Online Workshop Strengthens Capacities for Underwater Cultural Heritage in Africa

A scene from the video of the Bongo Flava song “Bahari Yetu” from a case studies shared during the workshop on raising awareness on the Protection of the Underwater Cultural Heritage © Elgidius Ichumbaki

The UNESCO Regional Office for Eastern Africa held a successful online capacity-building workshop in Underwater Cultural Heritage over three weeks in June 2021. With financial support from the Government of Japan (JFIT), and in partnership with ICOMOS International Committee on the Underwater Cultural Heritage (ICUCH) and the Rising from the Depths (RftD), the online workshop aimed to reinforce African capacities and knowledge concerning the safeguarding of the Underwater Cultural Heritage (UCH). The workshop provided the necessary theoretical knowledge to understand the main concepts and processes around the research, management, and protection of the Underwater Cultural Heritage. 

Twenty participants and more than forty observers benefited from the workshop, which was delivered for six days over three weeks (16-17 June, 23-24 June, and 30 June-1st July 2021), with each day comprised of lectures and debates with the participants, and each session over a duration of 3.5 hours. The content and case studies presented focused on Africa, to ensure specific needs of the region in the research, management and protection of UCH were addressed.

The workshop is part of the project launched by the UNESCO Regional Office for Eastern Africa in 2019 titled “Building Capacity and Raising Awareness for Underwater Cultural Heritage Research in Africa.” This project aims to advance the ratification of the UNESCO 2001 Convention on the Protection of the Underwater Cultural Heritage in Africa, as well as to reinforce Member States’ capacities in the identification, research, management and protection of this resource.

We are very grateful for the generous support of the Japanese Government. Through this training, participants from East African countries have gained a deeper understanding of the UNESCO 2001 Convention as well as the protection and promotion of underwater cultural heritage. UNESCO Office for Eastern Africa will continue to provide support to member states to develop this vision.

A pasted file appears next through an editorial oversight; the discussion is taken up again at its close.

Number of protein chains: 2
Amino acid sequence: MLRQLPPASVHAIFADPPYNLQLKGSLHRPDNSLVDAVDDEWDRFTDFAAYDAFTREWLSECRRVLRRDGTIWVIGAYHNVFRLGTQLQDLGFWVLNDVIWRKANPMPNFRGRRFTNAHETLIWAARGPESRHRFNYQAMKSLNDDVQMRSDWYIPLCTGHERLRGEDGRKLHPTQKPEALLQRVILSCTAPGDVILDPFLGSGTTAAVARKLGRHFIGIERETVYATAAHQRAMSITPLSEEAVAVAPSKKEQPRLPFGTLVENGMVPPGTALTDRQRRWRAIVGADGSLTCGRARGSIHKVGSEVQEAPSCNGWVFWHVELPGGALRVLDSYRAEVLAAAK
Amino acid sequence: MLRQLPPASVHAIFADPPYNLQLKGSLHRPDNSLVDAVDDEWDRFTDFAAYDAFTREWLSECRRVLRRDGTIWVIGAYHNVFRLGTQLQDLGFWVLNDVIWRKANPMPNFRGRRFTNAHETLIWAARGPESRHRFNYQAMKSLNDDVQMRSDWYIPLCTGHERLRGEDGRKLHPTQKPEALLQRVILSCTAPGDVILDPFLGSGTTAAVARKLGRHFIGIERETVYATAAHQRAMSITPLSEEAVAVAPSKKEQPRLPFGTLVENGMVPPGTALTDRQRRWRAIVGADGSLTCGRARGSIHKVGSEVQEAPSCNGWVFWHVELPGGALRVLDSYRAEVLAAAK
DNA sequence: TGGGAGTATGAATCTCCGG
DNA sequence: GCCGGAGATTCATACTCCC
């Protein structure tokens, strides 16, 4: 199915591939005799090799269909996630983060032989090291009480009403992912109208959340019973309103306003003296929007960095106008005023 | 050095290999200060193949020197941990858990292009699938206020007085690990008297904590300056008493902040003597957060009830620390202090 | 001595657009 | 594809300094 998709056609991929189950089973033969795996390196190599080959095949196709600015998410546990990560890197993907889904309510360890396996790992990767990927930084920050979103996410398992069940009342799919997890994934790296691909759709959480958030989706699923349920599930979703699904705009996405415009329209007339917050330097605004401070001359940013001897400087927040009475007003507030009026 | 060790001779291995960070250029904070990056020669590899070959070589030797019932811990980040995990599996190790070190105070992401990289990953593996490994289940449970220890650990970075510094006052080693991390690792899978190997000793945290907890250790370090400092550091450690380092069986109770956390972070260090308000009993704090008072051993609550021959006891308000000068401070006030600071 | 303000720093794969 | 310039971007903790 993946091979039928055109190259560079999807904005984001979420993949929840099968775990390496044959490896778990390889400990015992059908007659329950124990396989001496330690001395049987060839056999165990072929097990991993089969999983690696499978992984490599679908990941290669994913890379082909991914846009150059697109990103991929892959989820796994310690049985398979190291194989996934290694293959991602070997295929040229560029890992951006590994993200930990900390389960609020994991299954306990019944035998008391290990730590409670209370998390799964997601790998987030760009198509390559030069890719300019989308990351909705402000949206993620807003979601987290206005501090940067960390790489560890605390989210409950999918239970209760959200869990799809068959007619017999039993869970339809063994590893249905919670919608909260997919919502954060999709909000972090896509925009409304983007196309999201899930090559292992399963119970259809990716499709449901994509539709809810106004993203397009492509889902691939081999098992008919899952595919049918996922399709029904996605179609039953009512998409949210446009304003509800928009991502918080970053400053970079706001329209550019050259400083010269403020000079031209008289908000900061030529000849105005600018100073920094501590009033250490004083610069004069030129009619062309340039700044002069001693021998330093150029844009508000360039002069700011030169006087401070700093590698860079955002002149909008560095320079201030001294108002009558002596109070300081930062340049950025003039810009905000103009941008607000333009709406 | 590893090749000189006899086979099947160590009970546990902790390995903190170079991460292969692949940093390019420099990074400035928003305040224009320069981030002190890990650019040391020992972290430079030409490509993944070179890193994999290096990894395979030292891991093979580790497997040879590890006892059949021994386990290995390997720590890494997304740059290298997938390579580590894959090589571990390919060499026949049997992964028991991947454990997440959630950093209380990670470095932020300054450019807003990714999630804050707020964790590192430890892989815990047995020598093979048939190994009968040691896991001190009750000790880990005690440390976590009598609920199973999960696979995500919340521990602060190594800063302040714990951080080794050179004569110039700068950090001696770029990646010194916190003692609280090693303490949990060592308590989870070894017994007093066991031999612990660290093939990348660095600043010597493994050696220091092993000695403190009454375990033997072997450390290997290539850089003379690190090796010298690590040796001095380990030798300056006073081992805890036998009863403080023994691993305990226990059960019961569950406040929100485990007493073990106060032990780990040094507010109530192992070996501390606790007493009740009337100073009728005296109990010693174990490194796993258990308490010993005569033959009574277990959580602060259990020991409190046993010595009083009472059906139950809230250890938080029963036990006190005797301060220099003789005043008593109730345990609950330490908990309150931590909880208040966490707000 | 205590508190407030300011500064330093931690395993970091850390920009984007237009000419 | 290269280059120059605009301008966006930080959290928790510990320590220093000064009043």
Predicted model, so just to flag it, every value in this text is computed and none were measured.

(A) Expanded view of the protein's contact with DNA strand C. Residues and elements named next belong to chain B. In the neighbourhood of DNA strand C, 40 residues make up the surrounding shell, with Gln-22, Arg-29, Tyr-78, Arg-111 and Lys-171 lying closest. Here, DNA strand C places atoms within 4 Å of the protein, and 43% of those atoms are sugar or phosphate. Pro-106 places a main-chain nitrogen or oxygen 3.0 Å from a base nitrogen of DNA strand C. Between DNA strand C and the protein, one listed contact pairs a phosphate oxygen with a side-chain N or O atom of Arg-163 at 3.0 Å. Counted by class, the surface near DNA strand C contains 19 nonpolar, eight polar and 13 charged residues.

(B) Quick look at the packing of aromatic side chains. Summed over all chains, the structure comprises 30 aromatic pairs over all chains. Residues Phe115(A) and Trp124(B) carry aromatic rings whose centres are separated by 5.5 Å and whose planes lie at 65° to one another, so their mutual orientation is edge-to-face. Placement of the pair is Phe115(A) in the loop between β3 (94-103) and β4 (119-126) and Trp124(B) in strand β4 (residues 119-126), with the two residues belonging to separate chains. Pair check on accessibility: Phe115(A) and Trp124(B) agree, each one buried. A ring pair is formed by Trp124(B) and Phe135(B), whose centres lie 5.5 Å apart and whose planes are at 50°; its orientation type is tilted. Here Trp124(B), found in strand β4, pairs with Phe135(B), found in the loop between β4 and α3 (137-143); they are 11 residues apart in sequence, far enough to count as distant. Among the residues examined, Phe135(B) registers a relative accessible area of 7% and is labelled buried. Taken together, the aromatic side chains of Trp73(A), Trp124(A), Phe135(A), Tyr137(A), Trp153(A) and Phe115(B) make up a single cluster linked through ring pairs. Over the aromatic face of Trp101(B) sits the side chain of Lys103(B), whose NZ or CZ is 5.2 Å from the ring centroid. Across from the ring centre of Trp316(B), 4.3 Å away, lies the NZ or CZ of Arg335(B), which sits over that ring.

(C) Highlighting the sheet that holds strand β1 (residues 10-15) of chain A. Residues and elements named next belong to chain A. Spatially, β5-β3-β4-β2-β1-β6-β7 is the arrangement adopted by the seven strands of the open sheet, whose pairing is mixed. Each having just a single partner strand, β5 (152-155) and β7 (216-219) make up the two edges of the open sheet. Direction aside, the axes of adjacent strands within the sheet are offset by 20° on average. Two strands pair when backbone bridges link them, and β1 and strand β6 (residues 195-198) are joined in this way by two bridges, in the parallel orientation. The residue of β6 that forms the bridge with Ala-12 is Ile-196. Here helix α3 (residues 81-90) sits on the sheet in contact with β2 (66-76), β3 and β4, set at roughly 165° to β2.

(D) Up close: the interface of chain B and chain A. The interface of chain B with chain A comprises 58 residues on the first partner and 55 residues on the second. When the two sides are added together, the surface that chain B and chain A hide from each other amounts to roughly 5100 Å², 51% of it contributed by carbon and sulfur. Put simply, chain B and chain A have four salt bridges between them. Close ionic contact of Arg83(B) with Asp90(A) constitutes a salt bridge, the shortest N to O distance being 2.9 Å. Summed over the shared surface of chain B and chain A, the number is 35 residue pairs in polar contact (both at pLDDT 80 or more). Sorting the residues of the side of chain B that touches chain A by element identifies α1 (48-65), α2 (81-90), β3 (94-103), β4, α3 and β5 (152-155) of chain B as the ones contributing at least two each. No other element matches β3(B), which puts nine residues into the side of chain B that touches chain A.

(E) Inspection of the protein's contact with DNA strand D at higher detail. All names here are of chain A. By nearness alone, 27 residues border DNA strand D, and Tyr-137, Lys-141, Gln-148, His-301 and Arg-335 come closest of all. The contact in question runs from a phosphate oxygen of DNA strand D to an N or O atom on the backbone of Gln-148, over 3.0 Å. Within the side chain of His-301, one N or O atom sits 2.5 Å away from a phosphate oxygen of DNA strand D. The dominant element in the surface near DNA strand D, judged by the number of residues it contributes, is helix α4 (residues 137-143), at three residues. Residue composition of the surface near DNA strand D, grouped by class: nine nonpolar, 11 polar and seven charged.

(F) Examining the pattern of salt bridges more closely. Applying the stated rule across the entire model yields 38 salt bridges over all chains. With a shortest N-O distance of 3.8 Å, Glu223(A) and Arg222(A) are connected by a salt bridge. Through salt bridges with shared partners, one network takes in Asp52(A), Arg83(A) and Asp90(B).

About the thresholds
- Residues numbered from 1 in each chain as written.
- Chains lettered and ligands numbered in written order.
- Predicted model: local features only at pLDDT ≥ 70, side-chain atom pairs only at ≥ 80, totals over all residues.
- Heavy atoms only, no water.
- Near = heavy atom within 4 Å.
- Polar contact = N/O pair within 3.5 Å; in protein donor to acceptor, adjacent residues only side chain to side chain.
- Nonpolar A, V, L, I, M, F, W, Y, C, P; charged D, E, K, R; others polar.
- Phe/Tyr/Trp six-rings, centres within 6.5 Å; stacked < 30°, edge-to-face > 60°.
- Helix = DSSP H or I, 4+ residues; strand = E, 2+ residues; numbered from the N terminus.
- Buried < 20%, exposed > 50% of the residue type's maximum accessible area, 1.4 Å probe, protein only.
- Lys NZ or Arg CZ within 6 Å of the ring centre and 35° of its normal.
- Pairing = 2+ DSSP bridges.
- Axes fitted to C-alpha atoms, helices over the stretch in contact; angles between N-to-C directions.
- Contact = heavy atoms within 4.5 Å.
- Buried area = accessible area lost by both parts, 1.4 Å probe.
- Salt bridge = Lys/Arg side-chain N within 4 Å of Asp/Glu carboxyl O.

Mrs. Ann Therese Ndong-Jatta, Director of UNESCO Regional Office for Eastern Africa

As a supplement to the online workshop, a physical workshop is planned by UNESCO in Mombasa, Kenya for practical training in the protection of underwater cultural heritage once the confinement measures are lifted and international travel is reinstated in the  countries benefitting from this project.

This course has demonstrated that, through collaborative and interdisciplinary approaches, the study and protection of the underwater cultural heritage in Africa need to involve local communities and narratives, multidirectional expertise, establish integrated management approaches and look into the wider connections of heritage within ecosystem-based lens.
Arturo Ray da Silva – Head trainer and Consultant in Underwater Cultural Heritage

The UNESCO training course consolidated the regional network of underwater cultural heritage experts in Africa, identifying regional assets and challenges, and showed how, through the appropriate research and management of the region’s marine cultural heritage, sustainable development is within reach.